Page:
What are the themes of your play?
Two major themes in Butterfly are migration and sacrifice. It explores how parents lay their lives down to make better ones for their children. The play also looks into the effects of migration on children and young adults and how they cope with being the other in a foreign place. It explores other themes like institutional racism in schools and universities, immigration systems, education, friendship, mother-daughter relationships and what it means to ‘contribute’ to British society as an immigrant.
I think most importantly Butterfly asks the question of whether the benefits of migrating to the UK outweigh its negative consequences: racism, trauma and losing home.
Why did you write it and why now?
I wrote this play partly because I wanted to write something that I know. As a witness to the difficulties of migration and its after-effects I was able to see two perspectives: how migration affected the parents who journeyed and how it affected the children they carried with them. I wanted to explore whether and how these experiences intersect and the conflicts that arise because of this.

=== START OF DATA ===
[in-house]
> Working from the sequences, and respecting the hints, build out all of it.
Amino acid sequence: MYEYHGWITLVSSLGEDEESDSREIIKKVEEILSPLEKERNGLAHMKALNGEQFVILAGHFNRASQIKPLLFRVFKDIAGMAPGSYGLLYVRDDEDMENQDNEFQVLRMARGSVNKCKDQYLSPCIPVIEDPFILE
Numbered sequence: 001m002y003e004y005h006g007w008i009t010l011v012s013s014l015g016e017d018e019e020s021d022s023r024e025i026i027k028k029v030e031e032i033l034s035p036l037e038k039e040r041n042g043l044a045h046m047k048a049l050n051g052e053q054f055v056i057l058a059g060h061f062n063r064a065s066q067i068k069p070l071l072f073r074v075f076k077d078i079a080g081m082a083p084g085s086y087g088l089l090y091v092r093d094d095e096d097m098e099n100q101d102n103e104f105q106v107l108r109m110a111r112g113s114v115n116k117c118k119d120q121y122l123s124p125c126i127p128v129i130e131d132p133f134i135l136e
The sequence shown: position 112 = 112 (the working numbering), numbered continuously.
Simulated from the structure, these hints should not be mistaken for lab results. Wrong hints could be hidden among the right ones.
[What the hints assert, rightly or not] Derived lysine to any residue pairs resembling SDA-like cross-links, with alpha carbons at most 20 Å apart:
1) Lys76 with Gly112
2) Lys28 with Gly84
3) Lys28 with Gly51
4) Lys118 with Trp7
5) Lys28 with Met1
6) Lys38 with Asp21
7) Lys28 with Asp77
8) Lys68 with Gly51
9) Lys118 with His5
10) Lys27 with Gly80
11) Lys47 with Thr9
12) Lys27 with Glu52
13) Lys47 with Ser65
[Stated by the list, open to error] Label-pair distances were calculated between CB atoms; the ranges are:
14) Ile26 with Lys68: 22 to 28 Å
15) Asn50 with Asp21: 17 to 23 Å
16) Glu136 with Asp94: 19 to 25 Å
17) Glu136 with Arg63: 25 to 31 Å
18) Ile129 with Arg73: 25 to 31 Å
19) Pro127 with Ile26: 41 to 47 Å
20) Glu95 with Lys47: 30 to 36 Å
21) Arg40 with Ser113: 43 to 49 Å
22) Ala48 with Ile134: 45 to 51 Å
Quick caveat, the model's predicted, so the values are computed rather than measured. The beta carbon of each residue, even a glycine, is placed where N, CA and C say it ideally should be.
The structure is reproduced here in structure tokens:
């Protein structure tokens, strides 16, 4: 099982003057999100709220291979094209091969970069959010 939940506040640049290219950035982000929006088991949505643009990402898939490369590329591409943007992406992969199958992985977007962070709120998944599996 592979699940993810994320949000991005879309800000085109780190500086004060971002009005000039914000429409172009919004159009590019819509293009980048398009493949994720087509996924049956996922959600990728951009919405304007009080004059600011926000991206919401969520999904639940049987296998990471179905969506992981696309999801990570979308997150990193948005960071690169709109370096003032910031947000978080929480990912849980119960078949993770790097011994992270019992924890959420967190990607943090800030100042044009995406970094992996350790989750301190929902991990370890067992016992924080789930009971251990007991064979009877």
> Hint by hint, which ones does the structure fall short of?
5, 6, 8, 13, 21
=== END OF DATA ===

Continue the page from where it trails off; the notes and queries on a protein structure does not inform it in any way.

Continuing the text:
The growing hostility towards immigrants in the UK made me feel like this story was urgent and needed to be written now. People who see migrants as a threat to white Britain, its people, its culture and its history are becoming braver and louder. I wrote this play in response to this. I wanted to explore the things that drive us to migrate in the first place because I believe that these things are important, especially in remembering why not to apologise for existing as an immigrant.
Which playwrights are you influenced by and why?
It is hard to pin down the playwrights that influence the style and form of my work because these are influenced in little ways by everything I see and read. I am inspired by writers whose work makes me want to keep writing and to write differently: Winsome Pinnock, Michaela Coel, Inua Ellams, Arinze Kene, Danai Gurira, Theresa Ikoko and the works of many other Black writers that are writing now.
What do you want to achieve as a playwright?
I want to be brave enough to say what I feel needs to be said. I also want to write stories that move people in different ways, by evoking joy and allowing people like me to see themselves and their stories represented.